I am not implying, nor am I incorrect. When civilizations from Europe brought domestication of animals as well as farmed, instead of gathered, agriculture techniques, populations soared in the Americas…with that increased social interaction and proximity to raised livestock, many diseases flourished. If you want to assert that a handful of nomadic hunter/gatherers have the same/similar enough dwelling/habitat and social interactions as established and quickly growing population centers with sewage and sanitation concerns, go ahead…but if you don’t crap in the same hole day after day, and live near it…you probably don’t have the same diseases/immunities as someone who digs a new one depending on where the buffalo led you.

  9. Dave Terry

    @6;”Dave, use “nor” not “or” when using “Neither”.

    You may also note that I misspelled “least”, as well.
    Both typos. BFD!

    “explain to my simple brain how China’s nuclear capacity can kill over 90% of Americans, and how China would repopulate a continent that had enough fallout to kill 300 million people?”

    I did not SAY or imply that the American deaths would necessarily be the result of Chinese Nukes.
    NOR did I state that most of those deaths would be from radiation.

    Your concentration on numbers avoids the basic principal. Even if the Chinese managed to kill only 100 million Americans, the infrastructure would be “toasted” The Chinese would no doubt have to compete with the surviving Mexican, Central and South Americans.

    The simple fact, that Americans can’t deal with is that the United States is FAR from invincible and will not survive the 21st century without extreme changes.

    As far as my ancestors are concerned, it is dishonest to imply that they expired primarily from disease. I might also mention that a lot of that disease was deliberated conveyed to them by white men (such as small pox infected blankets,
    given as gifts to the defeated tribes by the Army)

    My tribe (the Cherokee) were already practicing agriculture when the white-eyes arrived, along with other Appalachian and southern tribes.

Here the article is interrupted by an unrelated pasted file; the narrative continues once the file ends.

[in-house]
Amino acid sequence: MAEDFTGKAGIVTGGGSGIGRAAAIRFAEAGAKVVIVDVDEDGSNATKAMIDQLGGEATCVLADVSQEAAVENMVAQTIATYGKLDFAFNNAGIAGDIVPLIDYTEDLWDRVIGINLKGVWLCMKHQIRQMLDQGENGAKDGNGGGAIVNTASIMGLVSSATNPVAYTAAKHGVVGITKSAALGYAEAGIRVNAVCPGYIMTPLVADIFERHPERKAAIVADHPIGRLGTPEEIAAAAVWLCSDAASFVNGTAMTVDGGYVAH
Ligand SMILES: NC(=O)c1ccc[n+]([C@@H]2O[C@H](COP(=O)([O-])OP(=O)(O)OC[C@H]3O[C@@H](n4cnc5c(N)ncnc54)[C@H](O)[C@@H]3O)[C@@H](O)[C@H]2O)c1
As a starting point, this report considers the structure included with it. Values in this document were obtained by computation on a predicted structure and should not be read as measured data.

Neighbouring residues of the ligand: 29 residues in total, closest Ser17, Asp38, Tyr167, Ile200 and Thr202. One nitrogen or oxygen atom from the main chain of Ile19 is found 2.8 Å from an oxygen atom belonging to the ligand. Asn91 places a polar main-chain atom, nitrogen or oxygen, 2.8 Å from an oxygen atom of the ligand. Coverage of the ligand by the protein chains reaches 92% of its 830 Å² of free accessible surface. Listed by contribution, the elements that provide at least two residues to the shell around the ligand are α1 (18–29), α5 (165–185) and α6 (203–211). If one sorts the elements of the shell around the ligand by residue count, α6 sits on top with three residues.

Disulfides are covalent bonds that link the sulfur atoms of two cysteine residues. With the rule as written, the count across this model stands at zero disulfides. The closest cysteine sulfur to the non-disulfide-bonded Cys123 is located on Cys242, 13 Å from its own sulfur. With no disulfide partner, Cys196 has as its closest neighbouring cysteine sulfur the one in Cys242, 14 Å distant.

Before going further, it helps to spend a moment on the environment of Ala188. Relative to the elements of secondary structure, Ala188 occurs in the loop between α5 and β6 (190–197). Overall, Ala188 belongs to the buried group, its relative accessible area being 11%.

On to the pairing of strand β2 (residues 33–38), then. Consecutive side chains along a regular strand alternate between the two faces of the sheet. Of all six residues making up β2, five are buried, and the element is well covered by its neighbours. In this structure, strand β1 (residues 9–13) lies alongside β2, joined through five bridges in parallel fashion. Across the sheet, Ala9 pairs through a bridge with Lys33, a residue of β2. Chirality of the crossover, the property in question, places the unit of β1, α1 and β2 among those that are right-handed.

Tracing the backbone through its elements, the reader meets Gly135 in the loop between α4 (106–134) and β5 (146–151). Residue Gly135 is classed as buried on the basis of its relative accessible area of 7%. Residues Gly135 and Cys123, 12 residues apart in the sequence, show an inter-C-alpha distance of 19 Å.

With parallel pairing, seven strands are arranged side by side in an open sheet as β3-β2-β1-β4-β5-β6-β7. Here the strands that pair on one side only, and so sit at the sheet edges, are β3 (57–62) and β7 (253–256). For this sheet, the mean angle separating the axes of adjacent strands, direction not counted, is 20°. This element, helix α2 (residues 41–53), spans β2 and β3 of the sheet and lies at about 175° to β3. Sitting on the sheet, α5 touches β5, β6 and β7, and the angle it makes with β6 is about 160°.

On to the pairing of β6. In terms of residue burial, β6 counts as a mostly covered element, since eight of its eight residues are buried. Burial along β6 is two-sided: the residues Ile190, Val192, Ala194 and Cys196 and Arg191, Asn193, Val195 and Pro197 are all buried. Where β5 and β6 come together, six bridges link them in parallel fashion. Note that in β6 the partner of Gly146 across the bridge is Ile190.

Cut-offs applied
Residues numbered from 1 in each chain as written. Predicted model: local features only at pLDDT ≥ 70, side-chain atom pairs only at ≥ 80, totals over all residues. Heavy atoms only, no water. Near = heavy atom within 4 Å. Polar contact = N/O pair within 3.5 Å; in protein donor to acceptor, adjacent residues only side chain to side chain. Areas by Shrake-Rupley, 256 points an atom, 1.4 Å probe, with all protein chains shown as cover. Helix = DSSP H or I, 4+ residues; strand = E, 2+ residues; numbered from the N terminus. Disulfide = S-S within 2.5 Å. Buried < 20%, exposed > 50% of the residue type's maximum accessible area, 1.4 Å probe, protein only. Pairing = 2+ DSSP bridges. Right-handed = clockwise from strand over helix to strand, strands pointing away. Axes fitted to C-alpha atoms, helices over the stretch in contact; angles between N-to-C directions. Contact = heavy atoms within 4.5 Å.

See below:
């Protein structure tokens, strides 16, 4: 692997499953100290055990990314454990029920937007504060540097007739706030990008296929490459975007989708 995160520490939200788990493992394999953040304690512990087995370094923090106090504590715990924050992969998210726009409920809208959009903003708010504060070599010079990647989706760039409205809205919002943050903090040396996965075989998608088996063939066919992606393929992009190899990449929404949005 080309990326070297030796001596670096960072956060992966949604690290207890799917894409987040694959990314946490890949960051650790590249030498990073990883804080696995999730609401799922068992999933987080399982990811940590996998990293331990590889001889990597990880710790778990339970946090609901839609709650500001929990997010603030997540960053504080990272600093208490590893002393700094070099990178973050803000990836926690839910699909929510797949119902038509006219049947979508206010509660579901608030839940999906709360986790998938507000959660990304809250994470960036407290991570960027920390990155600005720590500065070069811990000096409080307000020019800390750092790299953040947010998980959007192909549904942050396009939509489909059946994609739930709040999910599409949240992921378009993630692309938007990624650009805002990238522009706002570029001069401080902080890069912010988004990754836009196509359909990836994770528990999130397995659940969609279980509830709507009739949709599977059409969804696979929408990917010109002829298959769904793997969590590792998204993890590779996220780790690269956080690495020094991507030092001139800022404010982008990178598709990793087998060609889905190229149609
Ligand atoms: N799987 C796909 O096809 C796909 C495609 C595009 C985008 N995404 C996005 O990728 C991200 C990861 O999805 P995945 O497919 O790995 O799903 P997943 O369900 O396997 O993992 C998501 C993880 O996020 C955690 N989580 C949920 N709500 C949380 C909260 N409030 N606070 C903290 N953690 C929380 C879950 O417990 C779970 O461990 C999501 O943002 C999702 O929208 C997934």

In fact in the early 1800’s they were explaining the concept of “crop rotation” to white colonists.
    This was 50 years BEFORE the Irish nearly starved to death because of total dependence on the potato and soil degradation due to a one crop economy (not to mention British exploitation of their land) – seems to be a inbred tendency of A/S’s.

    “I’m sorry your great great grandmother got the flu, but how the hell is that the fault of my great great grandfather?

    See above, (maybe) BTW my grand mother DID die during the Epidemic of 1917-19. It was brought back by the doughboys during WWI.
    I don’t blame you, I blame Woodrow Wilson!

  10. Dave Terry

    P.S. The Asian Flu was introduced to the U.S by returning GI’s from Korea. You can thank HST for that. How about them “peace loving Democrats”?

  11. Alan Pyeatt

    Apparently, some people know as little about smallpox blankets and 18th Century biological warfare, and as little about the indigenous societies of Turtle Island, as they know about diplomacy.

    Unfortunately, that doesn’t keep them from talking about those subjects.

  12. Steve M

    To correct a couple of facts… China Hold about 1.3 trillion in us treasury securities and Japan hold about 1.1 trillion. Total foreign holdings are about 5.7 trillion.

    http://www.treasury.gov/resource-center/data-chart-center/tic/Documents/mfh.txt

    Securities tend to be payable only after specific dates. So not all at once. China could try to sell them all on the open market at any time which would not only drive down their value but would also likely hurt the demand for new ones being issued.

  13. paulie

    a handful of nomadic hunter/gatherers

    Hardly an accurate descriptions of all Indians before the European invasion. There were, most likely, at least ten million, and only some were hunter-gatherers.

  14. paulie

    Apparently, some people know as little about smallpox blankets and 18th Century biological warfare, and as little about the indigenous societies of Turtle Island, as they know about diplomacy.

    Unfortunately, that doesn’t keep them from talking about those subjects.

    Exactly!

  15. paulie

    Dave, you like evidence when arguing

    Nope, he just likes arguing for the sake of arguing and endless misdirection. Total waste of time.

  16. Deran

    A few nomadic hunter gatherers? You are so inaccurate with this assertion that all I can do is again recommend “1491” by Charles Mann.